Greenwood wrote this in 1983 as a patriotic song about his country, which he clearly loves. It was never a big hit, but it quickly became Greenwood's signature song. Many conservative politicians, including George Bush, have used it in their campaigns, and it became popular again in 1991 when the US went to war with Iraq. The song got a lot of airplay after September 11, 2001, as patriotism became a priority in America.
Greenwood explained to The Boot the inspiration behind this song: "I wanted to write it my whole life. When I got to that point, we were doing 300 days a year on the road, and we were on our fourth or fifth album on MCA. I called my producer, and I said I have a need to do this. I've always wanted to write a song about America, and I said we just need to be more united.
I'm from California, and I don't know anybody from Virginia or New York, so when I wrote it - and my producer and I had talked about it - [we] talked about the four cities I wanted to mention, the four corners of the United States. It could have been Seattle or Miami but we chose New York and L.A., and he suggested Detroit and Houston because they both were economically part of the basis of our economy – Motown and the oil industry, so I just poetically wrote that in the bridge.
When I put it on stage, I think it was the fall of '83, I put it in the middle of the show just as a brand-new song. Wow, it was like the audience jumped up, and they were applauding. It helps to have a career that is really exploding to bring a song to bear that is palpable. I did it for about two weeks like that and then I had to put it at the end of the show as an encore. I couldn't follow it.
It keeps having a different kind of life. I mean during the Gulf War, it was a song of the war for General Schwarzkopf. After Hurricane Katrina, it was a song for life and hope, and then after 9/11, it was a song of unity and rebuilding. It just makes me really proud that I've done something for the country and for my family. It's my family's heritage."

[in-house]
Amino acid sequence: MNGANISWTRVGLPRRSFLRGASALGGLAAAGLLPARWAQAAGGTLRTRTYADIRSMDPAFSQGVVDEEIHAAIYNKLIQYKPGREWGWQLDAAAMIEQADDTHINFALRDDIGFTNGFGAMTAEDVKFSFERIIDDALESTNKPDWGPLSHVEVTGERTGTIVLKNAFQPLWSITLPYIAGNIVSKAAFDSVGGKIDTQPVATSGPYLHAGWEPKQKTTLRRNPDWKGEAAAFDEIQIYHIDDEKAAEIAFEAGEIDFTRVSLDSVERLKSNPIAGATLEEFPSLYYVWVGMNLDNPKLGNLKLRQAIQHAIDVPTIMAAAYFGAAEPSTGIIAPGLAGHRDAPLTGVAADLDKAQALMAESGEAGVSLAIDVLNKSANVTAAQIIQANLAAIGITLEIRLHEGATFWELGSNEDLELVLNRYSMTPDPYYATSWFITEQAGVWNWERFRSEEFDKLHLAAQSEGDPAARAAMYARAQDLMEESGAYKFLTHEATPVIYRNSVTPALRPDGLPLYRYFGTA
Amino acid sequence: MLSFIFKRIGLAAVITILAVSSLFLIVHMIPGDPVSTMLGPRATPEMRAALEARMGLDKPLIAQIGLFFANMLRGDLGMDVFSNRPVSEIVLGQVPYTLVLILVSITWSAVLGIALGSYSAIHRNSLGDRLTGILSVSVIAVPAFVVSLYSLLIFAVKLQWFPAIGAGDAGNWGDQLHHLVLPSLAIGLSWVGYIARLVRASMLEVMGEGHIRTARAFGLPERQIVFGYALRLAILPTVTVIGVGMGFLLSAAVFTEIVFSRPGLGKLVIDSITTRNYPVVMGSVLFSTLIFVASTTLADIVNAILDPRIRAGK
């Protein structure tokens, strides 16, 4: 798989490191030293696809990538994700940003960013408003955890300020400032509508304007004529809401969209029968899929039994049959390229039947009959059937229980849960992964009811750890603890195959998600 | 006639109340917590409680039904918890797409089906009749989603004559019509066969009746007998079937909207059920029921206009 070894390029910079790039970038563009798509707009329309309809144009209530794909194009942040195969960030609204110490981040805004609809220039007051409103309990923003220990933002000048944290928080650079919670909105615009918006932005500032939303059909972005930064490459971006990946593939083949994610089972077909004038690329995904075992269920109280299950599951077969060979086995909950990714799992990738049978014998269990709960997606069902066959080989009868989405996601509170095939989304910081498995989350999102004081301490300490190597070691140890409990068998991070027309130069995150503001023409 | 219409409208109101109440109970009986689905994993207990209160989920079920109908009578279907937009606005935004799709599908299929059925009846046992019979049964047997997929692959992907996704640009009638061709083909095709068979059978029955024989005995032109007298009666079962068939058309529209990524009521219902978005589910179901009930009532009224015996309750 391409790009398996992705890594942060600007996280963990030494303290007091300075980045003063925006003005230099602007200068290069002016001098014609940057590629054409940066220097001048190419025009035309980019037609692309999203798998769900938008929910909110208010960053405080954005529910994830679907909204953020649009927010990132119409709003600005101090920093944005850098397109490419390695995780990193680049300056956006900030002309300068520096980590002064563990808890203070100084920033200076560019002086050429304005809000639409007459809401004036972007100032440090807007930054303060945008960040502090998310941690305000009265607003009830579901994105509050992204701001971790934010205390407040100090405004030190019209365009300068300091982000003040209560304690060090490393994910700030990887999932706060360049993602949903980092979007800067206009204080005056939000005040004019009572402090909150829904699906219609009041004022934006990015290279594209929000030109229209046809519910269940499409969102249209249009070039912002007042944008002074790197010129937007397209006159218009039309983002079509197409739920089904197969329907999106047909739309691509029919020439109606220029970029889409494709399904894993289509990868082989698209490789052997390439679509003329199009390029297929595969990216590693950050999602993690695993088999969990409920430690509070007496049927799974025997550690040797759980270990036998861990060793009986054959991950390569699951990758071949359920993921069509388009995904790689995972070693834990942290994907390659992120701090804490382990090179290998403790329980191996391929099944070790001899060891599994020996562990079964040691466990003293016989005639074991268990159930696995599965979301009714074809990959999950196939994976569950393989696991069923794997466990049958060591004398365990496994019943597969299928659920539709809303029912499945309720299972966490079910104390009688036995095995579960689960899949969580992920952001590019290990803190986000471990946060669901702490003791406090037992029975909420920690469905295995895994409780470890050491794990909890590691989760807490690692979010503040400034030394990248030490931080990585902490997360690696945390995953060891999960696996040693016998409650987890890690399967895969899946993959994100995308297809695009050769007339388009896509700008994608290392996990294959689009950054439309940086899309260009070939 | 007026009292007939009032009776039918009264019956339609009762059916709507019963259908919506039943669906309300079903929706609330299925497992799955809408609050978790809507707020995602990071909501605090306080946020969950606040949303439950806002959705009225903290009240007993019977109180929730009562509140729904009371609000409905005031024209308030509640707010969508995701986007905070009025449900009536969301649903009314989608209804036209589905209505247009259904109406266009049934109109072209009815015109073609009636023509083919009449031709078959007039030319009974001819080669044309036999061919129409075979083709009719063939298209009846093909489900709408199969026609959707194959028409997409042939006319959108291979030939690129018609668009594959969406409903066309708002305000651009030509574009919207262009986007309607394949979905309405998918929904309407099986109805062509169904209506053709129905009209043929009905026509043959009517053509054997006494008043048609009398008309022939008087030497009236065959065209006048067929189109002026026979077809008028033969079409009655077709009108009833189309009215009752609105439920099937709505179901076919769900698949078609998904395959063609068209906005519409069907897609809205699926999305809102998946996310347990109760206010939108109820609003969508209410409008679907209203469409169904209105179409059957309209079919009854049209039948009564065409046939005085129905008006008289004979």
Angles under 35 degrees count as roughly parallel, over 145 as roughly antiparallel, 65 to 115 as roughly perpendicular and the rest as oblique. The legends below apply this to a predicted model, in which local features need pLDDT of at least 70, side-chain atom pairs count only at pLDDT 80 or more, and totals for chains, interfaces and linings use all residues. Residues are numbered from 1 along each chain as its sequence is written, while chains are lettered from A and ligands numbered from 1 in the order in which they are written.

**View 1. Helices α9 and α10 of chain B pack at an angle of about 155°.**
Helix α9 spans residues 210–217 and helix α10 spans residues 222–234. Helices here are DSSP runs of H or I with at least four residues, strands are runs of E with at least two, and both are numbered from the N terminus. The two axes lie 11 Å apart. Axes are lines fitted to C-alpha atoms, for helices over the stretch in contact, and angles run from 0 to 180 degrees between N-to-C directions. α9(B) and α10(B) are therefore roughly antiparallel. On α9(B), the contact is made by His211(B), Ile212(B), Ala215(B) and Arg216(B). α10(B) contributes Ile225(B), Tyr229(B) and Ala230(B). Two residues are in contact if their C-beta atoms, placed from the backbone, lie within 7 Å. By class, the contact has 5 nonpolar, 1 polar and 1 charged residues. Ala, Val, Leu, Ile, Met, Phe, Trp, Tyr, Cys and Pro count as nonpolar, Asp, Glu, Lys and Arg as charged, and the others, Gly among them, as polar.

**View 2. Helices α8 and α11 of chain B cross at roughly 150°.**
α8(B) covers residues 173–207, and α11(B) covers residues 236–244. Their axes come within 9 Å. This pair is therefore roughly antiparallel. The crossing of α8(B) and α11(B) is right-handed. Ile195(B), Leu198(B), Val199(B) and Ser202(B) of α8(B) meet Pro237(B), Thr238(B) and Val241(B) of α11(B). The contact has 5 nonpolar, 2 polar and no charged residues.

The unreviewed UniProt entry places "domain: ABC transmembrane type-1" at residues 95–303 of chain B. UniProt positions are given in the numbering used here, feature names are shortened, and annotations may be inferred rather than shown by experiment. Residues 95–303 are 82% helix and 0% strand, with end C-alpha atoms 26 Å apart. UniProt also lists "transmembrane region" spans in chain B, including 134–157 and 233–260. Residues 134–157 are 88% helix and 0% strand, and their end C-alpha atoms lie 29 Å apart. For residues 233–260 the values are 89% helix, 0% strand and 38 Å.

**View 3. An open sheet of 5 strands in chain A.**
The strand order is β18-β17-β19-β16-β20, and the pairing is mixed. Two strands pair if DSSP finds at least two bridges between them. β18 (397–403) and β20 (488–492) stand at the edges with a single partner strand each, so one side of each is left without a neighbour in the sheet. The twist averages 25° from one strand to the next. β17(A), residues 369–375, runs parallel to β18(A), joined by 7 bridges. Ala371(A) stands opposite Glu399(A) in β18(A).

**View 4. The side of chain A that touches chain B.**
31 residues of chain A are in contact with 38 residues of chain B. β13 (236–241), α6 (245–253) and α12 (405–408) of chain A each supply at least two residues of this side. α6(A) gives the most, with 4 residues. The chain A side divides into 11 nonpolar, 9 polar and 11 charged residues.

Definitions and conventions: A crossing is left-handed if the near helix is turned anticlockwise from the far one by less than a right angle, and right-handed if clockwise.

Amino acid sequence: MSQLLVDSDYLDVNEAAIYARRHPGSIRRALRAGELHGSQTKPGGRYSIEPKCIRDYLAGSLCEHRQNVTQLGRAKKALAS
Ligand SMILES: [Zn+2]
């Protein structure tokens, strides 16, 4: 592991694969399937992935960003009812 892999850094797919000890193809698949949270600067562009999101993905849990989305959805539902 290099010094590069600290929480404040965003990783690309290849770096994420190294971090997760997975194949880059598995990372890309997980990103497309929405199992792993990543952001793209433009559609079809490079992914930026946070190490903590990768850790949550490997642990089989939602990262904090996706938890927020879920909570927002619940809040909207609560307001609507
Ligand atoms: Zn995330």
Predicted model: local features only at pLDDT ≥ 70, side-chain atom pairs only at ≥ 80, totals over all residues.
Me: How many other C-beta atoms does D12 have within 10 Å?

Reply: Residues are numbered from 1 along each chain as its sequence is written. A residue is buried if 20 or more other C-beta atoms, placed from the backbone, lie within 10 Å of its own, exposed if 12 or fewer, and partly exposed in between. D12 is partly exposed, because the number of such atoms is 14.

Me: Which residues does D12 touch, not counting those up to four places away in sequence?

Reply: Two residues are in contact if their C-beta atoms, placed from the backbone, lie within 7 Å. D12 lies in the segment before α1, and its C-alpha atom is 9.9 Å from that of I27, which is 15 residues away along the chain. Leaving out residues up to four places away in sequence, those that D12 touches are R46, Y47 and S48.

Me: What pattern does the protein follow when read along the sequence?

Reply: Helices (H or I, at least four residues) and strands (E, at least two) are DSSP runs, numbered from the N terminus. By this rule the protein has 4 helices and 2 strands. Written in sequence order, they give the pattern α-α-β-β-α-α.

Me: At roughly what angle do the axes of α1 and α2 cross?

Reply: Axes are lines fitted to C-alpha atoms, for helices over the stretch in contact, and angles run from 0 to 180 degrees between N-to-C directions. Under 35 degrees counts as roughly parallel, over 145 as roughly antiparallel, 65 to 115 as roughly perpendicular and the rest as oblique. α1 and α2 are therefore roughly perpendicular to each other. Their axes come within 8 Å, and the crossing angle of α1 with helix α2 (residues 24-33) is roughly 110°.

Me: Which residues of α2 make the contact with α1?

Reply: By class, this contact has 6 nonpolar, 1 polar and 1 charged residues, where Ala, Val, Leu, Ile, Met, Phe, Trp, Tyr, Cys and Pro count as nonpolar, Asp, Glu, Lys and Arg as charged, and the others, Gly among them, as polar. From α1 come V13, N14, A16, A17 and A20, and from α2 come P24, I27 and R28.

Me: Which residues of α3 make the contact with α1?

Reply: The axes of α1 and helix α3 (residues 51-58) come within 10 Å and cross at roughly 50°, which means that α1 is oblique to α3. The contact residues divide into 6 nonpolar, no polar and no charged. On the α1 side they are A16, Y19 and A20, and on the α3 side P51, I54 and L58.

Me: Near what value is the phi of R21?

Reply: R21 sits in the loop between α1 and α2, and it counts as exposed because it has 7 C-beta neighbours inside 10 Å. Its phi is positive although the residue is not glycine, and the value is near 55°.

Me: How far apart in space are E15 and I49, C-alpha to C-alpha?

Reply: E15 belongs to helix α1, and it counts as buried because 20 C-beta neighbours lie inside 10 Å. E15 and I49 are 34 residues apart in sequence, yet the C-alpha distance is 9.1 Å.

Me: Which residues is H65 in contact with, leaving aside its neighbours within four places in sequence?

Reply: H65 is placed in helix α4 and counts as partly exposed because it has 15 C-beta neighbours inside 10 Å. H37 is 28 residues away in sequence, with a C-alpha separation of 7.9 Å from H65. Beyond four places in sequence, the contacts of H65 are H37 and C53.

Eight years after the song was part of the track listing on You've Got a Good Love Comin'
, it featured again on American Patriot
. Greenwood told The Boot about his 1992 record: "I recorded the American Patriot
album. That album was a way to embrace 'God Bless the USA' with all other American songs including 'God Bless America
,' America the Beautiful
,' 'The National Anthem
' ... even the 'Battle Hymn of the Republic.' The American Patriot
album really was the one that solidified 'God Bless the USA' in a time capsule, if you will, for all time."
Days after the announcement that Osama bin Laden had been killed, Beyoncé released a cover of this song in aid of 9/11 charities. "We were all affected by the tragedies of 9/11 and continue to keep the families who lost loved ones close to our hearts," said the Texan singer. "Lee Greenwood, the writer of the song, is also donating his proceeds to help the 9/11 families." Beyoncé originally performed the track during President Obama's 2008 presidential campaign.
Lee Greenwood turned the song into a children's book, Proud to Be an American, in 2015. In addition to using the lyrics, the patriotic tome draws inspiration from the singer's own childhood. The illustrations show a child being raised by grandparents, not parents, because that is how Greenwood was raised.
"It's the lyrics of my song, the geography from New York to LA to Detroit, and great American pictures," Greenwood explained to The Boot. "The reason I didn't put the parents raising the child is because I was raised by my grandparents, so there's a grandfather and a grandmother in the book, showing a young boy all the things you should love about America."
Donald Trump played this song at many of his rallies, typically as he takes the stage. Greenwood is huge Trump supporter; in 2017 he performed at the inauguration, and in 2018 he played the song at a rally in Missouri. Trump has shown his support by Tweeting a "happy birthday" to Greenwood
(although he initially sent it to the wrong account), and by appointing him to the Kennedy Center board.